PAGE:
The method of graphic analysis of Japanese candlesticks is the oldest method of technical analysis. It was developed by Japanese merchants in the XVIII-XIX centuries. The psychology of market participants’ behaviour is determined by the supply/demand ratio, which, in turn, affects the price movements. As a rule, the asset prices move in cycles, because people behave similarly in certain situations.

This article will help you understand trader psychology and analyse candlestick patterns to trade in financial markets successfully. You can practise your technical analysis skills on the free demo account without registration with LiteFinance. 

The article covers the following subjects:

  • What Is a Candlestick Chart?
  • Candlestick vs. Bar Charts
  • How to Read Candlestick Charts?
  • Types of Candlestick Patterns
  • Hammer
  • Inverted Hammer
  • Spike
  • Bearish Engulfing Pattern
  • Bullish Engulfing Pattern
  • Bearish Harami
  • Bullish Harami
  • Bearish Harami Cross
  • Bullish Harami Cross
  • Bullish Rising Three
  • Bearish Falling Three
  • Candlestick patterns chart analysis
  • Example of candlestick patterns trading in Forex
  • Conclusion
  • Candlestick Patterns Analysis FAQs

What Is a Candlestick Chart?

A candlestick chart is a style of financial price chart organized as candlesticks representing price movements over a particular time. 

The meaning of candlestick analysis lies in the name itself. The principle of a graphical illustration of price movement is a sequence of candlesticks, which define the market sentiment and price direction in different periods, from one second to one month. Besides, you can determine the high and the low of each candlestick. A complete candlestick also displays the opening and closing prices. A combination of these data provides information for making a decision when trading candlestick patterns. The Japanese candlestick chart is a universal tool, one can apply to trading currencies, stocks, commodities, CFDs, cryptocurrency, or any type of trading asset.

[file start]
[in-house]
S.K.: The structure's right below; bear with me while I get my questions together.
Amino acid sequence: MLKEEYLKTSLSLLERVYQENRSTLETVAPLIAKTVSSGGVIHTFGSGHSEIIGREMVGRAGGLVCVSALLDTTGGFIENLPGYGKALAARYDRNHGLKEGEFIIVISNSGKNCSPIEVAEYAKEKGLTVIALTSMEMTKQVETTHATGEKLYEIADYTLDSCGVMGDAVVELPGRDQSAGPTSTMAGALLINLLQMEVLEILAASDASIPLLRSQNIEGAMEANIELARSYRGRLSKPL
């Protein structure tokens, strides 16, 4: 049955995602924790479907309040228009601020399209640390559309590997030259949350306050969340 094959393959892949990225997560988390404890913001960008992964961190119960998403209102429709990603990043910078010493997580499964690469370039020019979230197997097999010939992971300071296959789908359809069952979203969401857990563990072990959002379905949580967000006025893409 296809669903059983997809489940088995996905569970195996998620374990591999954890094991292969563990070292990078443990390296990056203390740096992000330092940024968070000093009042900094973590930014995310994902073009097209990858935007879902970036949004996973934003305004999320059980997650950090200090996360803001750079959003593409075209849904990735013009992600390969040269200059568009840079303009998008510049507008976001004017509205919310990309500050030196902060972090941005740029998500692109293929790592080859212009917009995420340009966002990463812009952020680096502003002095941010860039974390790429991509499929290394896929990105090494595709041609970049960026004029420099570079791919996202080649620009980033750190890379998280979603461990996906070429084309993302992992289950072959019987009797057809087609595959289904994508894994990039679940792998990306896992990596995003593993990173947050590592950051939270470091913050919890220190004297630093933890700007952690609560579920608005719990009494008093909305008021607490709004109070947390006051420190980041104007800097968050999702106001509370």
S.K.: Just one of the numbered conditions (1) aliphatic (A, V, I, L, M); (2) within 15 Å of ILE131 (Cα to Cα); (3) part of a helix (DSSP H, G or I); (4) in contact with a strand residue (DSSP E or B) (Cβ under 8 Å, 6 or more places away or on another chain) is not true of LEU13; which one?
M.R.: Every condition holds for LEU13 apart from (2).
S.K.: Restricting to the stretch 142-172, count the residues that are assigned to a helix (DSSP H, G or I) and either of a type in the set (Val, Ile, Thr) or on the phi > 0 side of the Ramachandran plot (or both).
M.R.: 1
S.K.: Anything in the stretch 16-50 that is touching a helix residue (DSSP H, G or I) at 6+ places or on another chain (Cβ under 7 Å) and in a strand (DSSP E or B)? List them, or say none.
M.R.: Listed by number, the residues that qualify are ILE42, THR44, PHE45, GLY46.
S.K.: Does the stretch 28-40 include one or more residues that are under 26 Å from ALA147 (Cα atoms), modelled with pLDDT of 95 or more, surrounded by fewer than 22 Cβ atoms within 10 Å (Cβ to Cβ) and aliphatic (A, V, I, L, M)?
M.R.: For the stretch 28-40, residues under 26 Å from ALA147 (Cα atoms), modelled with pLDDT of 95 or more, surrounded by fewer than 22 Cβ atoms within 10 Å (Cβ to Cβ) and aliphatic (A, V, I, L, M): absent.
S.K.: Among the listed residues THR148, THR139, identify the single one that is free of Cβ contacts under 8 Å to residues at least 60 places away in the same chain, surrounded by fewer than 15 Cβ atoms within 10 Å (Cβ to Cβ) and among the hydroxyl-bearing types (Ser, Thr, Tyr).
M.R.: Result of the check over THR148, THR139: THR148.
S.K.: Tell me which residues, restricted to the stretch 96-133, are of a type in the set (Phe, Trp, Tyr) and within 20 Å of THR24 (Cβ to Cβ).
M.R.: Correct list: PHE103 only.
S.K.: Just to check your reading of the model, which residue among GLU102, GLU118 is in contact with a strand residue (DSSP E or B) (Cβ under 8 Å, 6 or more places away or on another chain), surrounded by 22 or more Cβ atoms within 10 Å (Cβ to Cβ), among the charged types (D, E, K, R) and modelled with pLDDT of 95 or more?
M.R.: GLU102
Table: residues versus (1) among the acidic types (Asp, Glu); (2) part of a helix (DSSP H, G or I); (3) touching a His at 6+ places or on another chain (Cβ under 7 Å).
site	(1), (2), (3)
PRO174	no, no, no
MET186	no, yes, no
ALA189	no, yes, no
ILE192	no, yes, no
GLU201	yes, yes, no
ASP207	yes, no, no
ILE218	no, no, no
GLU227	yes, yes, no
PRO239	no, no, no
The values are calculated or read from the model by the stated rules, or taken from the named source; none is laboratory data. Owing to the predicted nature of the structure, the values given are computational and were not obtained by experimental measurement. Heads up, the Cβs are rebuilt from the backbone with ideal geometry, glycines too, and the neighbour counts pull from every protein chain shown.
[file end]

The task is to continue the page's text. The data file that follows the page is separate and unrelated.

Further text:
The concept of candlestick charting was developed by Munehisa Homma, a Japanese rice trader. He combined four indicators, based on which one could predict future demand quite accurately. Homma was the first to develop an original trading system that determined entry and exit points.

Originally, a rising bullish candle was white and a falling bearish one was black. With the development of technology and the advent of multifunctional trading terminals, traders and investors have the opportunity to paint candlesticks in the colors that suit them.

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Candlestick analysis is popular among traders and investors for a variety of reasons, including: 

  • Japanese candlesticks can be used by both professional traders and beginners because they are universal;
  • Japanese candlesticks have original and catchy names for various types and combinations, so they are easy to remember;
  • Candlestick analysis has existed for several centuries, thanks to which it has been improved to a certain degree of accuracy;
  • Candlestick analysis can be easily combined with other types of technical analysis, which increases the chances of making a profit.

Candlestick vs. Bar Charts

The main difference between candlesticks and bars is the presence of the so-called “body” in the Japanese candlestick, which makes the candlestick chart more expressive.

As a rule, a bullish candlestick, showing the price rise, is white or green; it demonstrates opening and closing levels.

The bearish candlestick is usually black or red, meaning the price decline. This candlestick shows opening and closing prices.

Upper and lower shadows show the price high and low. 

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A bar chart is a similar tool for price analysis, which forms vertical lines.

The upper and lower shadows mark the price high and low.

The horizontal lines on the side of the bars show the opening and closing prices over a particular period.

If the opening price is less than the closing one, the bar is bullish. If the opening price is higher than the closing one, the bar is bearish. 

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In general, candlesticks and bars show the same information for a particular time:

  • Price high;
  • Price low;
  • Open;
  • Close.

This information helps traders: